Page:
NBC at TCA: ‘Will & Grace’ Deletes Its Past, Why ‘This Is Us’ Is Staying on Tuesdays and More

This is Us
Ron Batzdorff/NBC
Pictured: (l-r) Mandy Moore as Rebecca Pearson, Milo Ventimiglia as Jack Pearson in NBC's hit drama This Is Us

During Thursday morning’s Television Critics Association summer press tour, NBC had more than a few things to cheer about with its strong schedule going into the 2017-18 season, not the least being last season’s breakout hit, This Is Us.

With 11 Emmy nominations for the first season of the Dan Fogelman family drama, Robert Greenblatt, Chairman, NBC Entertainment, said that “these kind of game changers just don’t come along very often. Not only was it the No. 1 new series in the [18-49] demo, but it now currently ranks as the No. 5 entertainment show in total viewers in all of television, broadcast or cable.” Besides Greenblatt, NBC Entertainment President Jennifer Salke and Paul Telegdy, President, Alternative and Reality Group, NBC Entertainment, were also present during the session.

In addressing the fact that This Is Us was announced as moving to Thursdays during May upfronts, but then quickly put back on Tuesdays, Greenblatt explained that interruptions this fall due to Thursday night football airings helped them reverse that initial decision. “We all collectively agreed that maybe that interruption was not the best choice for the show,” he said.

With the much-anticipated return of Will & Grace, which began production on Wednesday, the question arose as to whether the network is already looking beyond the 12 new episodes that will begin airing next month.

“I would say I hope there is more to come, and that would be the greatest outcome of this whole thing,” Greenblatt said. “We did the first table read yesterday, [and] it’s the same show and it was hilarious. It’s a joy.”

Salke added that this reboot made sense to the network for the “why now” factor, but stated those decisions need to make sense to happen for other potential rebooted series. “We’re not going to make a reboot just for title familiarity,” she said.

But what of that series finale in 2006 that showed an older Will (Eric McCormack) and Grace (Debra Messing) meeting after a 20-year estrangement when their respective kids go to college? That ending has been erased so the essence of the show would remain intact.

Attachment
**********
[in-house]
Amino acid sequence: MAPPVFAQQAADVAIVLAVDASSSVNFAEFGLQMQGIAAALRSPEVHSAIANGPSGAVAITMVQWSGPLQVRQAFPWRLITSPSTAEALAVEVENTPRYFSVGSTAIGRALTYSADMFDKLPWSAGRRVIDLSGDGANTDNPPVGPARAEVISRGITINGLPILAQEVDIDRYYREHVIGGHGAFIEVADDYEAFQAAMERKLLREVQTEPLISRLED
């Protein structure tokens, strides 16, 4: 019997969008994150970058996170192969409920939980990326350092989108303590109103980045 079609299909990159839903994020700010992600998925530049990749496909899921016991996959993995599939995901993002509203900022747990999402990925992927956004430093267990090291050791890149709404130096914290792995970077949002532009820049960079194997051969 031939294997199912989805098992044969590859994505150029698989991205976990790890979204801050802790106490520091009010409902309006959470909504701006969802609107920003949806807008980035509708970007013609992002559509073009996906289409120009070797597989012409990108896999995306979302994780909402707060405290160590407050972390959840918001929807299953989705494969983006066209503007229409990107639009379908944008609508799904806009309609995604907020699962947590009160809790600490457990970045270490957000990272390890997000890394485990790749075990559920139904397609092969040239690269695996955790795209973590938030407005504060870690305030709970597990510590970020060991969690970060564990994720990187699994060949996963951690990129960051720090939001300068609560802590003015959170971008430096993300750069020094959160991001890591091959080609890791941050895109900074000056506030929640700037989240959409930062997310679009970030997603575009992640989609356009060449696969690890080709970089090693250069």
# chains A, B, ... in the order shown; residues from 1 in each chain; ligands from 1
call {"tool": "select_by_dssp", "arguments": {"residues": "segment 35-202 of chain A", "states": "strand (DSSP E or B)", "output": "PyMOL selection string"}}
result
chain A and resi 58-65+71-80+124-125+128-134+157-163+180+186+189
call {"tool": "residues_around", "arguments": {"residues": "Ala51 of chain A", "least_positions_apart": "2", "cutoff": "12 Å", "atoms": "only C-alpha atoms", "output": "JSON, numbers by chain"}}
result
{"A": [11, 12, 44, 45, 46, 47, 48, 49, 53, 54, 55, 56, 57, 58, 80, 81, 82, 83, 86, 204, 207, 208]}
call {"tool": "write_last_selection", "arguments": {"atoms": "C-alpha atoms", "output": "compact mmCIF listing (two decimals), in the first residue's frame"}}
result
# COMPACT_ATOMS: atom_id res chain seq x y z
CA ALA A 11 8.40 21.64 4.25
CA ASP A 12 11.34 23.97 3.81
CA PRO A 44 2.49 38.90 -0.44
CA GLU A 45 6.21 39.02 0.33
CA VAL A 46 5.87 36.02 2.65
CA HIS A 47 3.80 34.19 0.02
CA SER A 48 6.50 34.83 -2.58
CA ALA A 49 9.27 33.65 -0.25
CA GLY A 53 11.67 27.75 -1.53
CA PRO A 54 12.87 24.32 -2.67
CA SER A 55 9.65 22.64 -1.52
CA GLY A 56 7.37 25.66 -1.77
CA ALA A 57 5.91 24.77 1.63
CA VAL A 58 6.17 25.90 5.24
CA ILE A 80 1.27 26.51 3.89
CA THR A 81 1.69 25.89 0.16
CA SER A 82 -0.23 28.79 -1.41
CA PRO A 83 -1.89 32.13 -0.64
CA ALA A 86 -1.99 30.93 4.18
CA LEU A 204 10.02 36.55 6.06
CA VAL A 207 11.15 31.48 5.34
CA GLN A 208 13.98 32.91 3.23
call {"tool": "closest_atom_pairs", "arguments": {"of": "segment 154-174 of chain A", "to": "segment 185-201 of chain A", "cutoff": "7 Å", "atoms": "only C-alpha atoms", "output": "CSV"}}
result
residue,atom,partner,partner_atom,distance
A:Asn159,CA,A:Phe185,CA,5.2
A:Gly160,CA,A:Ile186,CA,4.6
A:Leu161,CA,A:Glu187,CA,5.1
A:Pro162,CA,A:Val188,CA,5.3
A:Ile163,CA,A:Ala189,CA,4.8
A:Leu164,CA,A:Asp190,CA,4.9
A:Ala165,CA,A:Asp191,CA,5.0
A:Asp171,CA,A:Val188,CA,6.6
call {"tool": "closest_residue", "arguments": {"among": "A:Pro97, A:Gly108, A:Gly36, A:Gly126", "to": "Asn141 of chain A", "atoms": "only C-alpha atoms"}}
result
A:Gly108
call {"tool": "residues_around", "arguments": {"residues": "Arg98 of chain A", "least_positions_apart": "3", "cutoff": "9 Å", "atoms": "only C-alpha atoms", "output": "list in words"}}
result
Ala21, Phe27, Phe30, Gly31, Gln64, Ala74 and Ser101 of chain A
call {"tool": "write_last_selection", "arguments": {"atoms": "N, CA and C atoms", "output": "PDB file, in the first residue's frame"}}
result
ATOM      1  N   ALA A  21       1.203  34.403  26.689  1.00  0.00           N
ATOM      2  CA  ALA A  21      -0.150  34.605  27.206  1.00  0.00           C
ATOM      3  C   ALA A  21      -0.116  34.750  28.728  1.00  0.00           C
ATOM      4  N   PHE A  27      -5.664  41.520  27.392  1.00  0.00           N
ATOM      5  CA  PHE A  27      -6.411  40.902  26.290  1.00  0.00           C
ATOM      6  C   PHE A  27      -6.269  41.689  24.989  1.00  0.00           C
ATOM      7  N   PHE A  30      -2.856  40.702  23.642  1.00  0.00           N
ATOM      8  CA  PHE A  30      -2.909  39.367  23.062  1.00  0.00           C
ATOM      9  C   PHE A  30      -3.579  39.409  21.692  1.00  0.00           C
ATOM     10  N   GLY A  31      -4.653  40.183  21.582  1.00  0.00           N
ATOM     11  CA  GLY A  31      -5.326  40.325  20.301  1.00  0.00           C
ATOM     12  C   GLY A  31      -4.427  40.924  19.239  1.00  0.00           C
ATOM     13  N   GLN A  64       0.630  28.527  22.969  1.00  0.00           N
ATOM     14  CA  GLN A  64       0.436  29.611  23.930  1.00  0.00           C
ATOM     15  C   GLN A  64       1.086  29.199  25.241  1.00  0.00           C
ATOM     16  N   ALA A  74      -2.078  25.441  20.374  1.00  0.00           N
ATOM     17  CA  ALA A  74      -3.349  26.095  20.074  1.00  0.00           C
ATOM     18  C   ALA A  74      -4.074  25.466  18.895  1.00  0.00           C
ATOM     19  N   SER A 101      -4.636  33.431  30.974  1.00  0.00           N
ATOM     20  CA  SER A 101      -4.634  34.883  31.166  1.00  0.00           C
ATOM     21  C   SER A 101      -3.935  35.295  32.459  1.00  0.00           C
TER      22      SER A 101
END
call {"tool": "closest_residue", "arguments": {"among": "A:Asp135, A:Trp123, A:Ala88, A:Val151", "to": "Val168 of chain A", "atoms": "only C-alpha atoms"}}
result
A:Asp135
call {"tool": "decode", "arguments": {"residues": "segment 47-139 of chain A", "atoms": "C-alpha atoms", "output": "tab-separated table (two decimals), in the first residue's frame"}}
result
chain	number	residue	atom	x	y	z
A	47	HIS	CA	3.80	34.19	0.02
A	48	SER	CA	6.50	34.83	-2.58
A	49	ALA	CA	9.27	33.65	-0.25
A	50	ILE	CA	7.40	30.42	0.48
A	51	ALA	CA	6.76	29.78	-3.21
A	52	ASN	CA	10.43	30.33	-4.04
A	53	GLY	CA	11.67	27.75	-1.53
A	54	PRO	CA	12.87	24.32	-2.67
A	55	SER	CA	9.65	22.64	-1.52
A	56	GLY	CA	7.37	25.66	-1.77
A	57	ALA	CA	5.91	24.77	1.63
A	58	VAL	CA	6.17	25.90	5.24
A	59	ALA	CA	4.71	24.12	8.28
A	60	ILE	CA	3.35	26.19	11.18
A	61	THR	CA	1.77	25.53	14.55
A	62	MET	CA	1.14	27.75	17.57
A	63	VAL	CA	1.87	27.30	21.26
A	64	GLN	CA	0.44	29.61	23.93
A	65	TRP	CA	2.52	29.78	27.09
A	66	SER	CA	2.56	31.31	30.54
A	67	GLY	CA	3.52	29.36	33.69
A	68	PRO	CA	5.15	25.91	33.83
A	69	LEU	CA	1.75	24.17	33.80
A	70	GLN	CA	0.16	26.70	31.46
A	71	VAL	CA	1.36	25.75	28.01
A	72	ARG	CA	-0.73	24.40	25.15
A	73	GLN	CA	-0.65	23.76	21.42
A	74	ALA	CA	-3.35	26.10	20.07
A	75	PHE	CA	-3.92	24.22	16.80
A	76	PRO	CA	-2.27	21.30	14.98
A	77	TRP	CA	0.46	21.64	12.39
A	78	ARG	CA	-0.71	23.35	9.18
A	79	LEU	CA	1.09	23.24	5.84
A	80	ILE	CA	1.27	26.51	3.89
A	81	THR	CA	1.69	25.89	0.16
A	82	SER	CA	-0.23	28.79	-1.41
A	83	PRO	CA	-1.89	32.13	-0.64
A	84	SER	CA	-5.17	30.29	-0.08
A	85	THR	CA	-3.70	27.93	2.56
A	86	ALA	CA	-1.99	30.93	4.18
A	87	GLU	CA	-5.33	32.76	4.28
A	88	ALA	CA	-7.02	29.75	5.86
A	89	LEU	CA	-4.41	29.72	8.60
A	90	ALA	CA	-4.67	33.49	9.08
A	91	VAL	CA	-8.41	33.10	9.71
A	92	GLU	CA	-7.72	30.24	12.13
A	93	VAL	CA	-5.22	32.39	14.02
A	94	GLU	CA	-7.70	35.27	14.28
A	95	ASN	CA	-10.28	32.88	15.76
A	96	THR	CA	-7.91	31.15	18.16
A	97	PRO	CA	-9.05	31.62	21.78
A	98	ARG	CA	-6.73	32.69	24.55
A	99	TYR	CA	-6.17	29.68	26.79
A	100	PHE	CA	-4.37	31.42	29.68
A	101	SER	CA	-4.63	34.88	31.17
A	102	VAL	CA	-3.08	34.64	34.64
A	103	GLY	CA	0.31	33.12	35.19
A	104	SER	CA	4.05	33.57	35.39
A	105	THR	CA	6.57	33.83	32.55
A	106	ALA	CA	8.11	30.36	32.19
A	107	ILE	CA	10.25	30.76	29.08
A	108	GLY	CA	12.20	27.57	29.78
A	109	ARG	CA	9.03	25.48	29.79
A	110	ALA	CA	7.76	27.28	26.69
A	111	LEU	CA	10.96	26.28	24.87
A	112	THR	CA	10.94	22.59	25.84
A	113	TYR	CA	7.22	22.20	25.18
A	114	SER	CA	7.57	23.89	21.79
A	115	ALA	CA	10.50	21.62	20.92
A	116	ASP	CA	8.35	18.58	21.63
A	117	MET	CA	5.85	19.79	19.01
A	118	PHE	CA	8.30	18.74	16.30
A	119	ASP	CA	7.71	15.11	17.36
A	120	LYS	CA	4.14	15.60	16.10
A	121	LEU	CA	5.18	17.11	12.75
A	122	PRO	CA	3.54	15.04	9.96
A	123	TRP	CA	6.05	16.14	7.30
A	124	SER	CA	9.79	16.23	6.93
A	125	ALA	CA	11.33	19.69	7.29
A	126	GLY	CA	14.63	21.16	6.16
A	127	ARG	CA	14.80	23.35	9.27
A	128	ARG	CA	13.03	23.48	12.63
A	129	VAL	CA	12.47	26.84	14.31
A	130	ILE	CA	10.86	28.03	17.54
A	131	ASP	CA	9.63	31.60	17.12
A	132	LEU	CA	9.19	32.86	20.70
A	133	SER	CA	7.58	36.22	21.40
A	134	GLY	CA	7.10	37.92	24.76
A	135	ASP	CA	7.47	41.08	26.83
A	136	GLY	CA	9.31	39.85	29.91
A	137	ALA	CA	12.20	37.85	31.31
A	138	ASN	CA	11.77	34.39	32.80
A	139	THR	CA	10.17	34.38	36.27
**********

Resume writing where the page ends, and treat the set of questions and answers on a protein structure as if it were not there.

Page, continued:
“The rebooted episode they did on the internet [last October during the Clinton/Trump presidential campaign] was just the old show. It was like you drop back into the older show,” Greenblatt said, adding that original ending won’t be completely swept under the rug. “There’s jokes about [the original ending] in the first episode. I don’t think you want to see them with aging children. We love the essence of the older show…there’s a creative way as to why they’re still living together. We just wanted to [acknowledge] the old show.”

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Did the network have any regrets about ending the critically acclaimed The Carmichael Show? “Looking at the show with Jerrod [Carmichael] and feeling like, what’s the long-term plan, and is there a route for real big success with the show, the collective decision was that maybe it was best to let the show end,” Salke explained. “I have to say, personally, for all of us, it was a really hard decision that wasn’t made on one side of things. It was one of those difficult decisions…you wish the show did better and that you had a great place for it.”

NBC also announced a new initiative called “Female Forward,” which focuses on female directors and a commitment to work towards gender parity amongst directors for scripted series on the network. The initiative is being led by Salke in partnership with director Lesli Linka Glatter (who is helming episodes of the upcoming Law & Order True Crime: The Menendez Murders) and will give 10 female directors the opportunity to shadow on up to three episodes of an NBC series, and then an in-season commitment to direct one episode of the series shadowed.

“It’s been a collective and urgent goal of ours to identify more female directors,” Salke said in a statement released after the executive panel. “We strongly believe women can and should be at the forefront of telling compelling stories, and I hope the guaranteed directing component will have real impact on our shows as well as the industry.”

The final two episodes of The Carmichael Show air August 9 beginning at 10/9c, NBC

This Is Us, Season 2 Premiere, Sept. 26, 9/8c, NBC

Will & Grace, Season Premiere, Sept. 28, 9/8c, NBC

Law & Order True Crime: The Menendez Murders, Series Premiere, Sept. 26, 10/9c, NBC